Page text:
It’s no secret that Justice Anthony Kennedy, who announced his imminent retirement on Wednesday, always had an eye toward his legacy. During this 30-year tenure on the Supreme Court, Kennedy often wrote grandiose opinions that seemed designed to be quoted and admired by future generations. That line of thinking was particularly evident in a series of decisions protecting gay Americans’ right to equal dignity. Yet by choosing to retire under President Donald Trump, Kennedy imperils that legacy, throwing his most celebrated and far-reaching decisions into serious jeopardy.
Kennedy’s gay rights opinions place three fundamental limits on the government’s ability to discriminate against gays. First, the government may not act out of mere “animus” toward sexual minorities. Second, the government may not outlaw sexual intimacy between individuals of the same gender. Third, the government may not refuse to license same-sex marriages or treat those unions differently from heterosexual marriages. Taken together, these rulings led gay Americans out of second-class citizenship, affirming their constitutional right to equal treatment by the state and federal government.
The cornerstone of Kennedy’s gay rights jurisprudence—Obergefell v. Hodges, the marriage case—was a 5–4 decision. Three dissenters—Chief Justice John Roberts, as well as Justices Clarence Thomas and Samuel Alito—are still on the court. One, Justice Antonin Scalia, died, but Trump replaced him with Justice Neil Gorsuch, who promptly expressed fierce hostility to gay equality. So there are already four justices who vigorously reject the constitutional right to same-sex marriage.
Trump is all but assured to replace Kennedy with a judge who shares the conservatives’ opposition to gay rights. (Brett Kavanaugh of the U.S. Court of Appeals for the District of Columbia Circuit is a top contender.) This justice can provide a fifth vote to begin cutting back Obergefell. State courts have already had a go at this. The Texas Supreme Court, for instance, refused to extend spousal benefits to married same-sex couples, while the Arkansas Supreme Court allowed the state to discriminate against same-sex parents. Ultimately, the U.S. Supreme Court reversed the Arkansas decision—but Gorsuch dissented, along with Thomas and Alito. Once Kennedy is replaced, a new conservative majority could chip away at marriage equality by embracing these sidelong attacks, then overrule it outright once they’ve unsettled its precedential basis.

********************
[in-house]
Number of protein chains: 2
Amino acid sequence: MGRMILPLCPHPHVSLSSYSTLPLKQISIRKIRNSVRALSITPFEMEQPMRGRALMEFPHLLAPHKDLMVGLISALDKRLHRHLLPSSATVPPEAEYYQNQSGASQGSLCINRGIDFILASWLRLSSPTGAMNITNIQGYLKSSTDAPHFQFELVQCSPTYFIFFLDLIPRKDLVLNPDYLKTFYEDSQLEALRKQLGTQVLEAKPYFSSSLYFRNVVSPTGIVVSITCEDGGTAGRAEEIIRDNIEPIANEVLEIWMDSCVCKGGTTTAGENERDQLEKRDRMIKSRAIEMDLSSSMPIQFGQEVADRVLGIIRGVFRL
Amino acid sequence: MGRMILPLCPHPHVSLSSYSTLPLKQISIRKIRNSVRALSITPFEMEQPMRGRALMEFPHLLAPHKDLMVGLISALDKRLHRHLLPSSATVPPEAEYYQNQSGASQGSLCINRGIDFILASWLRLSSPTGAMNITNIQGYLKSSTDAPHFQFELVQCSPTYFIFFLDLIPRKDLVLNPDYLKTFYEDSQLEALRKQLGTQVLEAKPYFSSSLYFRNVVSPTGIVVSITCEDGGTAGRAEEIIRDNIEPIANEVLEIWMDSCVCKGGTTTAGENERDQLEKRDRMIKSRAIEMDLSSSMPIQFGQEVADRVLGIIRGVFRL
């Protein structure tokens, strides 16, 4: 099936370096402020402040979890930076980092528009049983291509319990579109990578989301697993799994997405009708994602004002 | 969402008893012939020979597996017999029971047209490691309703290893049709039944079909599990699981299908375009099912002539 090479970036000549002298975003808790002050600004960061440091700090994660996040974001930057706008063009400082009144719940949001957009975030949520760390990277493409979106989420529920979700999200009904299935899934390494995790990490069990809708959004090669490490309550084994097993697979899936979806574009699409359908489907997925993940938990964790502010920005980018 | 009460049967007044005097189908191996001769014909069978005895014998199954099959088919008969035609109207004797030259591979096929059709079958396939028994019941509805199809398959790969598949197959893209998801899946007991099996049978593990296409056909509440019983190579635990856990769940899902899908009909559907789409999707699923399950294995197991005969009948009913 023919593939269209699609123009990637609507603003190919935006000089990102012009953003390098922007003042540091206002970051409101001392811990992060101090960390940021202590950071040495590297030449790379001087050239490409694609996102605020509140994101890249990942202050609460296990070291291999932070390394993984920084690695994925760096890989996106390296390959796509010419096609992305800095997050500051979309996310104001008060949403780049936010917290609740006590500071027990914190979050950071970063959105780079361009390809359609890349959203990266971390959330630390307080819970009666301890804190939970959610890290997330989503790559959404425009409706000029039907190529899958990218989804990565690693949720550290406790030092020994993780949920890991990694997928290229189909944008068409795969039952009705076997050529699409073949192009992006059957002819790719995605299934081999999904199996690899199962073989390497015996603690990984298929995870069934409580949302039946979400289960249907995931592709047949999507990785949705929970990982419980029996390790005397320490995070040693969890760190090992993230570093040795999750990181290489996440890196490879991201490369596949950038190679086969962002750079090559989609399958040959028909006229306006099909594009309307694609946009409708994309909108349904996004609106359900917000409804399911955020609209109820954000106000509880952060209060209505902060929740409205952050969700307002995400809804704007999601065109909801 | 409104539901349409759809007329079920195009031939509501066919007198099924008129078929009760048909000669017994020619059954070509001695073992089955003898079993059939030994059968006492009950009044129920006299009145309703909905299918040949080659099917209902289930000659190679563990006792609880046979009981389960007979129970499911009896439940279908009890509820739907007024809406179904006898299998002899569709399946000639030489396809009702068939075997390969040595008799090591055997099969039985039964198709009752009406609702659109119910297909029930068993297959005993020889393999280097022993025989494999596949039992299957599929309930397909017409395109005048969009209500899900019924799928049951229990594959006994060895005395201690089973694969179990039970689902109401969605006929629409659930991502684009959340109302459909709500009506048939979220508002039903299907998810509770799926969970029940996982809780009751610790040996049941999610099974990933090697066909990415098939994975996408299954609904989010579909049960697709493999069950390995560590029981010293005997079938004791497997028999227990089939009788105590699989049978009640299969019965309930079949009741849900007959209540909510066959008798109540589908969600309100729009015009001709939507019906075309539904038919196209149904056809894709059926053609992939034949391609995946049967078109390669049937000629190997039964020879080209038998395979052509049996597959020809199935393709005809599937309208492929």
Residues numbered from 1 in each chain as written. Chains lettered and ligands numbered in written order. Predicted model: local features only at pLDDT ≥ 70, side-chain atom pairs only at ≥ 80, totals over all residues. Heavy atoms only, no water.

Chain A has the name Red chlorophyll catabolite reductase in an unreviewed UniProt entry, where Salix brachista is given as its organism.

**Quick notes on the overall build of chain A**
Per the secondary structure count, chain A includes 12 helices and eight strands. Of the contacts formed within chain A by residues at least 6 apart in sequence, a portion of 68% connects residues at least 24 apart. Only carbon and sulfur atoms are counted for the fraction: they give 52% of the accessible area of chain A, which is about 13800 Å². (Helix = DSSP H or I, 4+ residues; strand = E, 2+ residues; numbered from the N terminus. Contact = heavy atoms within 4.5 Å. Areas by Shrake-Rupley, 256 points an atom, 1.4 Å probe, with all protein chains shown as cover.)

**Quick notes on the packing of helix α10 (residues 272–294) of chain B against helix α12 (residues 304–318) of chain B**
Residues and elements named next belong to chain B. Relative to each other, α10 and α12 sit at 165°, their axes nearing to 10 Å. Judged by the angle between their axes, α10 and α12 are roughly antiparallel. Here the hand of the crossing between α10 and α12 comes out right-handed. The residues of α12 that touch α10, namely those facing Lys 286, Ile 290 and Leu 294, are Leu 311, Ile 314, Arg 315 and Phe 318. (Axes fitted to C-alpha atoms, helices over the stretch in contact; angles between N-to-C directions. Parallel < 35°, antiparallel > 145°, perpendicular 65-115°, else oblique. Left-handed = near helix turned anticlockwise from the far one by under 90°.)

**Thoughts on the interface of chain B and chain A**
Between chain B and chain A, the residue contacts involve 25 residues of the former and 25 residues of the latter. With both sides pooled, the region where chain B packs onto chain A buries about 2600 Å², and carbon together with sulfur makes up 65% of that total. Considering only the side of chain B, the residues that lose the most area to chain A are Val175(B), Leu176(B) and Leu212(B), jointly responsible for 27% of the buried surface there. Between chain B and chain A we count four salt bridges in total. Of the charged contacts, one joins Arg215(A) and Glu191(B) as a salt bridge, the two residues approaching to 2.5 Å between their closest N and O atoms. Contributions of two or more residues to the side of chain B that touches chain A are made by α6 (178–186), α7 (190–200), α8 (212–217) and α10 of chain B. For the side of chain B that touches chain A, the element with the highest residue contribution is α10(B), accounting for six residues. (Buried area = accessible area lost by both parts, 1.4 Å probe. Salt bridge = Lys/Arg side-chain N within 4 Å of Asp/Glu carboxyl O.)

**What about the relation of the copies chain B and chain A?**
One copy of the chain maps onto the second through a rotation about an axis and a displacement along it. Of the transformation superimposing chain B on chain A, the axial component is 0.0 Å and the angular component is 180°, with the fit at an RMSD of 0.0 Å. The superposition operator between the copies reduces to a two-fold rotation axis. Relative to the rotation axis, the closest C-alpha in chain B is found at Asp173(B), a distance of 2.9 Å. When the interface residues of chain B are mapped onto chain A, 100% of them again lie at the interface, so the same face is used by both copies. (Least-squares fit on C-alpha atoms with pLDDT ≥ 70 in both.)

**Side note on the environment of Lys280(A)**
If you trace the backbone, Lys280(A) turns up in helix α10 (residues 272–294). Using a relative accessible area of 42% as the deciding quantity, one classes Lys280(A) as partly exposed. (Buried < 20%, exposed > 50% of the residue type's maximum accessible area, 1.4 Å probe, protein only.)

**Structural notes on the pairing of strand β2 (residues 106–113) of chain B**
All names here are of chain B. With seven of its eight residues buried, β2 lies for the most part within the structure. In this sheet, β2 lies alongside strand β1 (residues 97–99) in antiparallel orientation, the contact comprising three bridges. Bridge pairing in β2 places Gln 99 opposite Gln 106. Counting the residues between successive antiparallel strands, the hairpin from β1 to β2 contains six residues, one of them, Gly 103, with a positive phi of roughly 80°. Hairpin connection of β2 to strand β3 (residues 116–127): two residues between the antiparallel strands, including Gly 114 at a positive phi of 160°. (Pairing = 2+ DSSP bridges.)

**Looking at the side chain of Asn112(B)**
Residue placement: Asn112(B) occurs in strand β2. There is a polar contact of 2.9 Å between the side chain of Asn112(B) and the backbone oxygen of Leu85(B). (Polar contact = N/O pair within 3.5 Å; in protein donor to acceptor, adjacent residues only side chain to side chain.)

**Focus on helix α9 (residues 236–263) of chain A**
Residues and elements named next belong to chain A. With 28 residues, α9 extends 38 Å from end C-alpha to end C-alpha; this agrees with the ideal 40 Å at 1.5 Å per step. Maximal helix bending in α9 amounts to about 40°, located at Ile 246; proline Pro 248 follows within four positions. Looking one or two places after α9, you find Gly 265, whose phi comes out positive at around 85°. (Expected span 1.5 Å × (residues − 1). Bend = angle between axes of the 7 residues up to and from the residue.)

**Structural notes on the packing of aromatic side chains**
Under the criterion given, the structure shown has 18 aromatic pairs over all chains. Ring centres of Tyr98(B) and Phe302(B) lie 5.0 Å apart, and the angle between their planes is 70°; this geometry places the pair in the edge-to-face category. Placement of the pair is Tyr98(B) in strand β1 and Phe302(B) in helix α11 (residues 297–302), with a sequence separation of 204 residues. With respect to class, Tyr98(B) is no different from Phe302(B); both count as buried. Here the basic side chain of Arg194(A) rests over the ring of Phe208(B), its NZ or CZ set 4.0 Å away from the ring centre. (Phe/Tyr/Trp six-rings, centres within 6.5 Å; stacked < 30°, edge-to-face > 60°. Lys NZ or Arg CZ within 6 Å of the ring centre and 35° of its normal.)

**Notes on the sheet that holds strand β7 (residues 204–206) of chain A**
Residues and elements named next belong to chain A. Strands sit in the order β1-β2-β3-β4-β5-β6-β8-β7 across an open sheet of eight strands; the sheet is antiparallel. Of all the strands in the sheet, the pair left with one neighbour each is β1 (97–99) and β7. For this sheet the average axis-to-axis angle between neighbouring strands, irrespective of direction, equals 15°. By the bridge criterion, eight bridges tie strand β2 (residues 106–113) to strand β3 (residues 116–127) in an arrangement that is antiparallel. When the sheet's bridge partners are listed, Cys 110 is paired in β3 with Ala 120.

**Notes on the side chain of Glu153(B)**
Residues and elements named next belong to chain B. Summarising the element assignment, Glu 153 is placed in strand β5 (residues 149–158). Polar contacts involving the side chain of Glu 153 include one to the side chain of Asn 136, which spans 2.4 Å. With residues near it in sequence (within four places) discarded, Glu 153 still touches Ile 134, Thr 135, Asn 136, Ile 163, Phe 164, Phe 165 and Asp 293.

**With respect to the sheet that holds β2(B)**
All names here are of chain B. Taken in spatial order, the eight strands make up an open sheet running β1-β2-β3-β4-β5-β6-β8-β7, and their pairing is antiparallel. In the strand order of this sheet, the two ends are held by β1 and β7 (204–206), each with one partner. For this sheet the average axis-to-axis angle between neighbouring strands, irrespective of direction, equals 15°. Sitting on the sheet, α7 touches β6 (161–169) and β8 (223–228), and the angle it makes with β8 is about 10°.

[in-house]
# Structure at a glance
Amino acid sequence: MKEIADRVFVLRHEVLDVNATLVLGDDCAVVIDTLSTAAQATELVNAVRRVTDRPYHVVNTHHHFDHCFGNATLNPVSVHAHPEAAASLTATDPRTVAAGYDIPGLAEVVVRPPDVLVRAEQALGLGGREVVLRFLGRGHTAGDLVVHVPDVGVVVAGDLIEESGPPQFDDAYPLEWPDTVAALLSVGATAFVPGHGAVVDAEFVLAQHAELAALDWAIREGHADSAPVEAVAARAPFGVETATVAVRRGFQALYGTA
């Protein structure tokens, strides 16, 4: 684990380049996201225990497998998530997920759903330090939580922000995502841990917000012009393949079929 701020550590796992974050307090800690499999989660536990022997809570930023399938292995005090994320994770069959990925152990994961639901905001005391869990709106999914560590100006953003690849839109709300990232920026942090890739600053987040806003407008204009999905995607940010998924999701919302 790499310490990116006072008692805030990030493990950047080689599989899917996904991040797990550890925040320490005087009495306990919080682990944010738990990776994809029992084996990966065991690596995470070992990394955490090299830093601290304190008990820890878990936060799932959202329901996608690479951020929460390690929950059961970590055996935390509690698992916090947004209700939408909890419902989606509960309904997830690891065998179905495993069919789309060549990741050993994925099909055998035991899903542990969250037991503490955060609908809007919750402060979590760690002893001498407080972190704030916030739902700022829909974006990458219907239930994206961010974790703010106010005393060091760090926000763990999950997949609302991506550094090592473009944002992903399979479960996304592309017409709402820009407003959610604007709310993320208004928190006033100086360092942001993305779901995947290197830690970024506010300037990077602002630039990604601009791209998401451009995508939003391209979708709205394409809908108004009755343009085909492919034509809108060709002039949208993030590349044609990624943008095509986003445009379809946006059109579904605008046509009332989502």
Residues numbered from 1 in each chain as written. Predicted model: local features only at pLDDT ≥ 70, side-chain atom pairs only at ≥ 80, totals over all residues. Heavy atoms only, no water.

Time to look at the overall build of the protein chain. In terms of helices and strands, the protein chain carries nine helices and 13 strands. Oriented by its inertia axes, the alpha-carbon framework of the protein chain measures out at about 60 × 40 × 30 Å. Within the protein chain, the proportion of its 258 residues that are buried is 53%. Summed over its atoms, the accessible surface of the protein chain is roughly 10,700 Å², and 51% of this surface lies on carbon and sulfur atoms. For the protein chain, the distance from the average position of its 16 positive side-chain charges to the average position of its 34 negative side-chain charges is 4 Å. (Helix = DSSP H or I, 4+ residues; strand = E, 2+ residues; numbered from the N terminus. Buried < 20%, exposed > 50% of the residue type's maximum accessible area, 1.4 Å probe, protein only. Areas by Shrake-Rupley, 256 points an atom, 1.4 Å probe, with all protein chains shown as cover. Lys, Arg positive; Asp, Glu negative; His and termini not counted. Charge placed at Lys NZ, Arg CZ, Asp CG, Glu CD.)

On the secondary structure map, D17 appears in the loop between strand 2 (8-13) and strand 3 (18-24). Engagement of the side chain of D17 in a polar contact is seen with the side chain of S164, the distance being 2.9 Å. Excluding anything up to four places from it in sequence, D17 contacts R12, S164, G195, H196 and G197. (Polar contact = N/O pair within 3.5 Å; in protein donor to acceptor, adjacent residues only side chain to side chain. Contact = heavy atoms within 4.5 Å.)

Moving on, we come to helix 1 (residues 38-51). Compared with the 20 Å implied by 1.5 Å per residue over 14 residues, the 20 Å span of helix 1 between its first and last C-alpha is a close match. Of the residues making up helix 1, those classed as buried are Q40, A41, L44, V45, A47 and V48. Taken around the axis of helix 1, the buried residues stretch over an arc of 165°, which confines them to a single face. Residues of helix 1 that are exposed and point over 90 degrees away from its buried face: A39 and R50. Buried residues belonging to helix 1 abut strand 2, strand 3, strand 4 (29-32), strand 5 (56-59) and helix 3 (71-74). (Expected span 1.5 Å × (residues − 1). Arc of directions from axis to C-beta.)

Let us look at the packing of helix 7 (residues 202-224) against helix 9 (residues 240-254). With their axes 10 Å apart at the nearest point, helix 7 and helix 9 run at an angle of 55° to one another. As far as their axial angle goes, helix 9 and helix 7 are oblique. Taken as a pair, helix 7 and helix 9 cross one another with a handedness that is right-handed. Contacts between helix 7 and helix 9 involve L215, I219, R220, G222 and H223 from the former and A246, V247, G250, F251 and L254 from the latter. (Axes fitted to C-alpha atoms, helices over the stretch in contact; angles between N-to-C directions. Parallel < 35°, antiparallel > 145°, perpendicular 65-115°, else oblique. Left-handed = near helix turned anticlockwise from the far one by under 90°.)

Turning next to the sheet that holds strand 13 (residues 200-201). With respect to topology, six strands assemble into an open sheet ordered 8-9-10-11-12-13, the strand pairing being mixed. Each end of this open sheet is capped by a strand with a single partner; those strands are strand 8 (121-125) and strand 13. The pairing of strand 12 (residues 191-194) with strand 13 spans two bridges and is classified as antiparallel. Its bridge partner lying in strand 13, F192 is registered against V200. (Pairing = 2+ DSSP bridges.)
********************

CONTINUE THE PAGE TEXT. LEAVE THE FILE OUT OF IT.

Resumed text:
If there is any hope of Obergefell surviving the Trump era, it lies with Roberts, who occasionally places institutional concerns over political and ideological preferences, and might be persuaded to affirm Obergefell to prevent chaos for same-sex couples across the country. Yet toward the start of his acrid Obergefell dissent, Roberts declared: “The majority’s decision is an act of will, not legal judgment. The right it announces has no basis in the Constitution or this Court’s precedent.” And at the end, he advised same-sex couples that they should not pretend like they deserved their victory. “Do not celebrate the Constitution,” he wrote. “It had nothing to do with it.” The man who wrote these words is now gay Americans’ last, best hope. His vote may be the only thing that stands in the way of states that wish to nullify all same-sex marriages.
Court-watchers have long wondered which part of Kennedy’s legacy the justice himself was most interested in preserving. Would he wish to save Citizens United, allowing unlimited corporate electioneering, and other landmark conservative rulings favoring federalism, gun rights, and Republicans? Or would he rather safeguard Obergefell and its predecessors by retiring under a Democratic president guaranteed to replace him with a gay-friendly justice?
On Wednesday, we learned the answer, and it’s a grim one for LGBTQ Americans. Their marriage rights were secure so long as Kennedy sat on the court with four liberals. In his absence, there is a very real chance that nationwide marriage equality will become a thing of the past.
One more thing
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